300 riders turn out to commemorate Kris Cook
Big show of support for friends & family of rider who died in RideLondon sportive

An estimated 300 riders turned out at Newlands Corner, Surrey yesterday to remember Kris Cook, the cyclist from Woking who died of a heart attack during last weekend's RideLondon Surrey 100 sportive.

Led by Kris’s girlfriend, Nicola Tait, the group rode to the top of Newlands hill, with the road closed by police to allow the ride to take place unhindered, reports GetSurrey.co.uk.

Afterwards Nicola Tait said: “I’d just like to say thank you to everyone who came today to help me up and pay my last respects to Kris.”

Kris Cook had originally aimed to raise £500 for Woking Hospice. The total on his Just Giving page now stands at over £42,000.

Nigel Harding, chief executive of Woking and Sam Beare Hospices said: “It's an absolutely amazing turn out in support of Nicola and Kris’s family and in remembrance of such a tragic event.

“There has got to be about 300 cyclists.

“I expected anything from 20 to 200, but not this many.

“The police have been absolutely brilliant in supporting everyone in this sad event.”

As well as Kris Cook's friends, participants included riders who felt they should show their support and solidarity.

One of them, Will Hodson, from Tooting, said: “It's awesome seeing everyone pulling together.

“I didn’t know Kris but I just had to take part.

“The cycling community is very friendly as it is but this just proves the best of it.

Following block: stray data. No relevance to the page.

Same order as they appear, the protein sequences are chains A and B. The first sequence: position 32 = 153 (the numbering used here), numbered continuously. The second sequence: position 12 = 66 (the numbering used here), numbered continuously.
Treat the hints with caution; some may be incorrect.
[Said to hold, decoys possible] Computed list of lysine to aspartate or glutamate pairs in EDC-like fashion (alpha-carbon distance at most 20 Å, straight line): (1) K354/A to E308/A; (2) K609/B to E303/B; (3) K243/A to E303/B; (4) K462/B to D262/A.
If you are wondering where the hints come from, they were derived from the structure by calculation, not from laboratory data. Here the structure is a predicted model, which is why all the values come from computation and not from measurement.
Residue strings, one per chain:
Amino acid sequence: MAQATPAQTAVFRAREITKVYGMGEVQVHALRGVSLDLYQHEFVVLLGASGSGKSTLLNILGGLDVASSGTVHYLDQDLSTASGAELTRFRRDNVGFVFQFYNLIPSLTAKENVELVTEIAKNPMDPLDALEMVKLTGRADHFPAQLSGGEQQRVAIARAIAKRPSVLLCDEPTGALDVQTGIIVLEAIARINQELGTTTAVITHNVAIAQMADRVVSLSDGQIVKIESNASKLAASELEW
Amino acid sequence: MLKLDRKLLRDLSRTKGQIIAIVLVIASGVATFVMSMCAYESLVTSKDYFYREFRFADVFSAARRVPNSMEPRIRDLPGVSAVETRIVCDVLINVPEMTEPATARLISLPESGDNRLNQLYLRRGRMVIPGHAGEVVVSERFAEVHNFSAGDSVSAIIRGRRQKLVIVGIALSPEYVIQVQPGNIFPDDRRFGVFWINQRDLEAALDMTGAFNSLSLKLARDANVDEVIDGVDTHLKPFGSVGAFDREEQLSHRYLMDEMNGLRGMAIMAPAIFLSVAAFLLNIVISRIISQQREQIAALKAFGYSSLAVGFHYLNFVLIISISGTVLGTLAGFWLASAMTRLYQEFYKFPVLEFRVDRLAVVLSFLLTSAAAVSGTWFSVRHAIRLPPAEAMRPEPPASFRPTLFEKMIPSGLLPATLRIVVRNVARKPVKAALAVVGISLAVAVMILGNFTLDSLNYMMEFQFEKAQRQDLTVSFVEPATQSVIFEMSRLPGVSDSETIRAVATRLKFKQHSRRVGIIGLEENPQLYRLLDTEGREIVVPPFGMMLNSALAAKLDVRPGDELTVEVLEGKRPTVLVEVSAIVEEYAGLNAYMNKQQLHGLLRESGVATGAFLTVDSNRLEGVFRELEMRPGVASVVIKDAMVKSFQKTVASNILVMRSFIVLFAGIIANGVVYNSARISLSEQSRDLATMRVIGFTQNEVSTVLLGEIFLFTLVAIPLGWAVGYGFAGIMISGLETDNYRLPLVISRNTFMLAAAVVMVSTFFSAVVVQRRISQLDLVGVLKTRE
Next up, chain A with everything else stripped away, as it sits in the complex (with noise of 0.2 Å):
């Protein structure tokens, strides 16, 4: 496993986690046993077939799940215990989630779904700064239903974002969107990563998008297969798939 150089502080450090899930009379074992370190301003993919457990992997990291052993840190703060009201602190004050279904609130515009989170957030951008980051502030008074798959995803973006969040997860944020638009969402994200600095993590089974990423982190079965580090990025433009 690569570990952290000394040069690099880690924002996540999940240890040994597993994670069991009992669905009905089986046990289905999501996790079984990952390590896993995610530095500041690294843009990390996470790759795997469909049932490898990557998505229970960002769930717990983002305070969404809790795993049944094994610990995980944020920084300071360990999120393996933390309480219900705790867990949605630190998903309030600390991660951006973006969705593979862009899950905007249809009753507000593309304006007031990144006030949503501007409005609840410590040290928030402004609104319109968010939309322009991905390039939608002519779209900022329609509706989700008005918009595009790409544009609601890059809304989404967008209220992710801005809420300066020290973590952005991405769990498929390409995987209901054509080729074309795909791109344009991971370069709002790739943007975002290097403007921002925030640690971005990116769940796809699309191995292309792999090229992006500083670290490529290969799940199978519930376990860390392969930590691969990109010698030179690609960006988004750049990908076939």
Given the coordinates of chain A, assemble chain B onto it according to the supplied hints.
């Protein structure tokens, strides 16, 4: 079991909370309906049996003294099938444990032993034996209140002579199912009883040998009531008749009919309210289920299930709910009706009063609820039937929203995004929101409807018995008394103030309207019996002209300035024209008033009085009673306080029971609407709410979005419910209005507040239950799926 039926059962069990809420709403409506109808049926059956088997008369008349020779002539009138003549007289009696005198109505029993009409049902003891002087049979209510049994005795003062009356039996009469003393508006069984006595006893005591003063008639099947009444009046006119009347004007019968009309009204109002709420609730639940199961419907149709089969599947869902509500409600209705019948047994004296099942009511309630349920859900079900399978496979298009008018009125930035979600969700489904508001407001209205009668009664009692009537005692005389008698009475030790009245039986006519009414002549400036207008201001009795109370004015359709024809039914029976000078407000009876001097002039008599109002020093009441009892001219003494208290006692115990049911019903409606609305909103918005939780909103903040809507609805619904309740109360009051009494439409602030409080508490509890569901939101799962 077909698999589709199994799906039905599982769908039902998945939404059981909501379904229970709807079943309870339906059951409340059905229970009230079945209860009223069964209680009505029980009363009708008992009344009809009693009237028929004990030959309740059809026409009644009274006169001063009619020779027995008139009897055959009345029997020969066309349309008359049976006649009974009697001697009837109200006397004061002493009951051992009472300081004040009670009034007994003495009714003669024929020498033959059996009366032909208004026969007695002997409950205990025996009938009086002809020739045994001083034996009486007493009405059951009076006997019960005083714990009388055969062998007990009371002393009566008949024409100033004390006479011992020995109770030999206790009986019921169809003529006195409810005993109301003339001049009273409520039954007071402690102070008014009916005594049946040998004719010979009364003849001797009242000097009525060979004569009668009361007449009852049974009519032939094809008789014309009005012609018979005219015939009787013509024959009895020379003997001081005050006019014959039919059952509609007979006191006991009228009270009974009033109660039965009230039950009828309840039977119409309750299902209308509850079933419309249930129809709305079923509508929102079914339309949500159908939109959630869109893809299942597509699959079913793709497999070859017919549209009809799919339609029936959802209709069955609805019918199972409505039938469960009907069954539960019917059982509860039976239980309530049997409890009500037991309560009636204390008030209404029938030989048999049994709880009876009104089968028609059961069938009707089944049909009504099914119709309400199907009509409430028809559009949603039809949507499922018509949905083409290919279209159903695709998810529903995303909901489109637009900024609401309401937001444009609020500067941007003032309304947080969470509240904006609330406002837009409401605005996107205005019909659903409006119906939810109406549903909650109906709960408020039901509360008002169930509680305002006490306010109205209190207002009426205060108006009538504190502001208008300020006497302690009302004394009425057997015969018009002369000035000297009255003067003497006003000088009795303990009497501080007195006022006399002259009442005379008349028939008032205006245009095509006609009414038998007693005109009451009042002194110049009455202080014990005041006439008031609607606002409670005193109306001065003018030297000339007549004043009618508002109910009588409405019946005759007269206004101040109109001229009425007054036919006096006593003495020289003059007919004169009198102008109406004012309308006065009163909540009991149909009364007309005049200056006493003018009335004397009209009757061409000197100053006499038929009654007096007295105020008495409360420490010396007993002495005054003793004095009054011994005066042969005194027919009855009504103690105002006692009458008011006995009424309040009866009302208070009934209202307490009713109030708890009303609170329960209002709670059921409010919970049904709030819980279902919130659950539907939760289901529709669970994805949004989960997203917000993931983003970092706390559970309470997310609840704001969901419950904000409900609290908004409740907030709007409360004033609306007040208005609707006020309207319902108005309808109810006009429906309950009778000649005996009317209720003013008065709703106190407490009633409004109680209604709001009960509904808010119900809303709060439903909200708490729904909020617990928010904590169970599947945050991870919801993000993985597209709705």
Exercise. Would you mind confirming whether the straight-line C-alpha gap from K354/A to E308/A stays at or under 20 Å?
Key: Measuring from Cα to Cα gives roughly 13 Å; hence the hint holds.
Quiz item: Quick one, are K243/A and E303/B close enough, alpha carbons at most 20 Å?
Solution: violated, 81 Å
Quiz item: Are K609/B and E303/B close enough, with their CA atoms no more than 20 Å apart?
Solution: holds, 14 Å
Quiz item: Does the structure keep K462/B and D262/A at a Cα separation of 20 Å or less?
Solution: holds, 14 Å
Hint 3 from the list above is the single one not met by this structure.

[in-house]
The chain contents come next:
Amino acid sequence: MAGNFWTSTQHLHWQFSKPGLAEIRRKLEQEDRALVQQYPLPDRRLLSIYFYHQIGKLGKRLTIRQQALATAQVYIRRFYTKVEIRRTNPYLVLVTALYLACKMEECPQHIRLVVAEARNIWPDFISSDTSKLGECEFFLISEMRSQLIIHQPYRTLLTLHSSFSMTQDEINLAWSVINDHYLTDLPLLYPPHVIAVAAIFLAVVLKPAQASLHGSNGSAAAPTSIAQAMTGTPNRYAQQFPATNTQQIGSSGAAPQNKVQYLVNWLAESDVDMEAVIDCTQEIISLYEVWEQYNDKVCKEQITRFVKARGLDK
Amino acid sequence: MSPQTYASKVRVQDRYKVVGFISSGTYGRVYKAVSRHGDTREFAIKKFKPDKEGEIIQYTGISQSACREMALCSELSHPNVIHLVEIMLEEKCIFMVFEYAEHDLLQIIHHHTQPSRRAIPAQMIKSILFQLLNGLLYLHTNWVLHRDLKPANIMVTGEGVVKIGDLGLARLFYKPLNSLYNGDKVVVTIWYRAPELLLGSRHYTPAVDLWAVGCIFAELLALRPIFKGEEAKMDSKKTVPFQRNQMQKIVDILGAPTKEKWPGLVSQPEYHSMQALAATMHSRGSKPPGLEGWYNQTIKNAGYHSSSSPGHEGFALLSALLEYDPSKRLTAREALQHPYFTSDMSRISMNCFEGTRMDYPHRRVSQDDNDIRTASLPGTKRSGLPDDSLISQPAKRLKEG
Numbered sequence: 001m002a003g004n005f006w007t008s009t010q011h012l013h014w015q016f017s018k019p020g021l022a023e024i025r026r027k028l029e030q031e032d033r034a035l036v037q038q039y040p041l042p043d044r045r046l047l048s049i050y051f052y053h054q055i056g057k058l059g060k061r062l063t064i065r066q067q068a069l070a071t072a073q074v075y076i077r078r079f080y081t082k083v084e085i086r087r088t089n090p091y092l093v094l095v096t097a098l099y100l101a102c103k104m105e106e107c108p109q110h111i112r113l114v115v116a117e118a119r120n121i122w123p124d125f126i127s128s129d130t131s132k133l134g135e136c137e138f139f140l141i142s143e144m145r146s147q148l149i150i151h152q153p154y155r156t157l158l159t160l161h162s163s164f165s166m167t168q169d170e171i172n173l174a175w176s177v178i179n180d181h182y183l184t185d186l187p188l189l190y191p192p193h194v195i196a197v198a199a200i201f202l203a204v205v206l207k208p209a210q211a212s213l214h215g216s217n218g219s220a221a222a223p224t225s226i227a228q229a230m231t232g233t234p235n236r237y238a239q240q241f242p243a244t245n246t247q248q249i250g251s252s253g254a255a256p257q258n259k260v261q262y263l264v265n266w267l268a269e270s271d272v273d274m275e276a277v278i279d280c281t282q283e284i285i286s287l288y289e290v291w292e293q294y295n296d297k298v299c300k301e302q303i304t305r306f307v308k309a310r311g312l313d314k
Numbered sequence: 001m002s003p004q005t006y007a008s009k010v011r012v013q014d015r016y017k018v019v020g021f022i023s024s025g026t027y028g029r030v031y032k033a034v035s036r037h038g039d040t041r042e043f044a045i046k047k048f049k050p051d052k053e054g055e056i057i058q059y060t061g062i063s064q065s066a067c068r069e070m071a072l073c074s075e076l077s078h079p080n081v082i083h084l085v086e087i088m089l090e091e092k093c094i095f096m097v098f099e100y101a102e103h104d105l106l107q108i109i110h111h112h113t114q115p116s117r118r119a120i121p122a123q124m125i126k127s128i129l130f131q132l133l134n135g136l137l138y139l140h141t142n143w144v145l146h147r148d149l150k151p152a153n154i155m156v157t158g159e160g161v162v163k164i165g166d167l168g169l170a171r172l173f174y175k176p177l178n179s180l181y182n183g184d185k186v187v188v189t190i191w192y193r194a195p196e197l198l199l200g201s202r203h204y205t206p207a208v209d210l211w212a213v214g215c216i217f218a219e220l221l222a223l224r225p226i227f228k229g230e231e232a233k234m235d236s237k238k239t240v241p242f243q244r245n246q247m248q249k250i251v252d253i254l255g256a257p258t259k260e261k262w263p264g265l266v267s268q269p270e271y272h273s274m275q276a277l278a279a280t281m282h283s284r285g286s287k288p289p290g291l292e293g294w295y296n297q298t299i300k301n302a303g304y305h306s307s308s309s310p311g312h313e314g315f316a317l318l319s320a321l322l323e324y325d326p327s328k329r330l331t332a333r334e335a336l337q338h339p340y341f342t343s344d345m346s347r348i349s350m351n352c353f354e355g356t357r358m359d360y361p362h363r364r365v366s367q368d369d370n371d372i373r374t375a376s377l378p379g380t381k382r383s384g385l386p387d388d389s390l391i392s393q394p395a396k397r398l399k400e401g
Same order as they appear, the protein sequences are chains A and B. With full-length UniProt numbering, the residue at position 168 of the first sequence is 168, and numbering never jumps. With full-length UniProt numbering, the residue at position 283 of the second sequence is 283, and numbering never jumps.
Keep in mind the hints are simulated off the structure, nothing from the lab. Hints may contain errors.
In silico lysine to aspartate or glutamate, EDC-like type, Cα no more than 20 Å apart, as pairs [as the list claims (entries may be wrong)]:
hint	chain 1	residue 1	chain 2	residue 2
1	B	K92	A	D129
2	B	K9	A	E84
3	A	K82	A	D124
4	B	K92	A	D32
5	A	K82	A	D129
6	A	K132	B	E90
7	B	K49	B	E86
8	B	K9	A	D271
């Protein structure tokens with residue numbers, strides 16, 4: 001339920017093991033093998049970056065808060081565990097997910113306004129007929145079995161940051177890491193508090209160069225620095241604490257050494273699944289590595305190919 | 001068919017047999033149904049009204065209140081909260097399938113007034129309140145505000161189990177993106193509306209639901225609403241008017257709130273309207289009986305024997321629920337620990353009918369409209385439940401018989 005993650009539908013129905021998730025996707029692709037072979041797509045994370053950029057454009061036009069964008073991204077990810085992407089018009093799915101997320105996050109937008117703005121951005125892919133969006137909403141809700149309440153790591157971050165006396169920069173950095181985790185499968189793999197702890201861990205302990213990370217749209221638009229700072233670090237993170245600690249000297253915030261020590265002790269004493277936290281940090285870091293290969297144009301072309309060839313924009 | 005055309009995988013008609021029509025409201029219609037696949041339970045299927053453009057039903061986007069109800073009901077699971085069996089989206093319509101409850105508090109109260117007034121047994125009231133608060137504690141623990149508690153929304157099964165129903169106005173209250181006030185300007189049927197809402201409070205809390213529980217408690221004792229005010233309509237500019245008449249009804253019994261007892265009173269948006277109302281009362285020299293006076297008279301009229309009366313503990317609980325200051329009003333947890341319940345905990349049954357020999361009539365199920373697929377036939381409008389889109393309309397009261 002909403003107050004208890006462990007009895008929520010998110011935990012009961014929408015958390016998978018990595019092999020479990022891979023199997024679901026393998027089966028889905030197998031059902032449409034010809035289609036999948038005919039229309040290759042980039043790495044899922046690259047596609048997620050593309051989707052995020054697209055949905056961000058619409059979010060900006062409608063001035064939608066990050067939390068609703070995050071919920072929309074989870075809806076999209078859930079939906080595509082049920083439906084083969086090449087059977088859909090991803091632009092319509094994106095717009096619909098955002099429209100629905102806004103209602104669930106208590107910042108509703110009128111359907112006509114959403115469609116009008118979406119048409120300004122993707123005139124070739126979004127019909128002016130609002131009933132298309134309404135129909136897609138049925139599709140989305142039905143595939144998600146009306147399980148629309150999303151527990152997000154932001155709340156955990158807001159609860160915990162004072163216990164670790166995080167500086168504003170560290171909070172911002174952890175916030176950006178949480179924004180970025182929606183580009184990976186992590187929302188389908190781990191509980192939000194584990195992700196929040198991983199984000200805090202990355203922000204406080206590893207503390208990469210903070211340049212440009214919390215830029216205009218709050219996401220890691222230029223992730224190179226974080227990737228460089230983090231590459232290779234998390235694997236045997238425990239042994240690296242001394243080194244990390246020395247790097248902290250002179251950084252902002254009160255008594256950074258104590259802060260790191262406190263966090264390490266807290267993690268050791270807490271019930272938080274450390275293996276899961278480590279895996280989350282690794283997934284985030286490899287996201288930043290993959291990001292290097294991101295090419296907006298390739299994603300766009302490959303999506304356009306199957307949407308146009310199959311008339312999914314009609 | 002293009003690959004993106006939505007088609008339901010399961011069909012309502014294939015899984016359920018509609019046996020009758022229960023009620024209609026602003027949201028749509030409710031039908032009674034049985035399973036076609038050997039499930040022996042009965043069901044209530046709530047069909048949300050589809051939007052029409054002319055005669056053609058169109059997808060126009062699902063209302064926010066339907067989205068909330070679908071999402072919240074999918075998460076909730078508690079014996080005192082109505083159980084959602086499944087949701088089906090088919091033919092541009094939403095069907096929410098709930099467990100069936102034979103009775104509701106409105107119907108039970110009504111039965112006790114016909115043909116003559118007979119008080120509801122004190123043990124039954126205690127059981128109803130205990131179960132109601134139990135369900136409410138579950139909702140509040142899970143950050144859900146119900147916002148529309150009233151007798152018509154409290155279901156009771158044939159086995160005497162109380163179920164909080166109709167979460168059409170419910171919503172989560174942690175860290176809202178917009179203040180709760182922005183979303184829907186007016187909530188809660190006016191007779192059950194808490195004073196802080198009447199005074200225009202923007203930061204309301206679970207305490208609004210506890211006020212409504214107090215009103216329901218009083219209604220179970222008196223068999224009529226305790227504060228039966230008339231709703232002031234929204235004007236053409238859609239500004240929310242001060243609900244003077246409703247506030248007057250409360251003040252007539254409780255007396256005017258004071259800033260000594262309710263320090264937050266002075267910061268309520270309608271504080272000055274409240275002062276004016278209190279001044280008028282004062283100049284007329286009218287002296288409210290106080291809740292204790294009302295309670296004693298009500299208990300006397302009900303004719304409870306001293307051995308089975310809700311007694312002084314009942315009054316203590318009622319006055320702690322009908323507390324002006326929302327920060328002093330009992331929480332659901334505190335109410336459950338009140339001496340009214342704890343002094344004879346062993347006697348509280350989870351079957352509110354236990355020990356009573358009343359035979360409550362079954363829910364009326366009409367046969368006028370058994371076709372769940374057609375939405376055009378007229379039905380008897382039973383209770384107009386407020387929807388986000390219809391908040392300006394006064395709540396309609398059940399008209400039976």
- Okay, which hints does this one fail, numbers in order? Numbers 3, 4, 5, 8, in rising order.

“I’ve never been part of something that is the result of a viral campaign before and to see the fundraising page go up has been amazing.

“It's just made me think that if something happened to me or one of my friends I would want the same thing to happen.”

Our official grumpy Northerner, John has been riding bikes for over 30 years since discovering as an uncoordinated teen that a sport could be fun if it didn't require you to catch a ball or get in the way of a hulking prop forward.

Road touring was followed by mountain biking and a career racing in the mud that was as brief as it was unsuccessful.

Somewhere along the line came the discovery that he could string a few words together, followed by the even more remarkable discovery that people were mug enough to pay for this rather than expecting him to do an honest day's work. He's pretty certain he's worked for even more bike publications than Mat Brett.

The inevitable 30-something MAMIL transition saw him shift to skinny tyres and these days he lives in Cambridge where the lack of hills is more than made up for by the headwinds.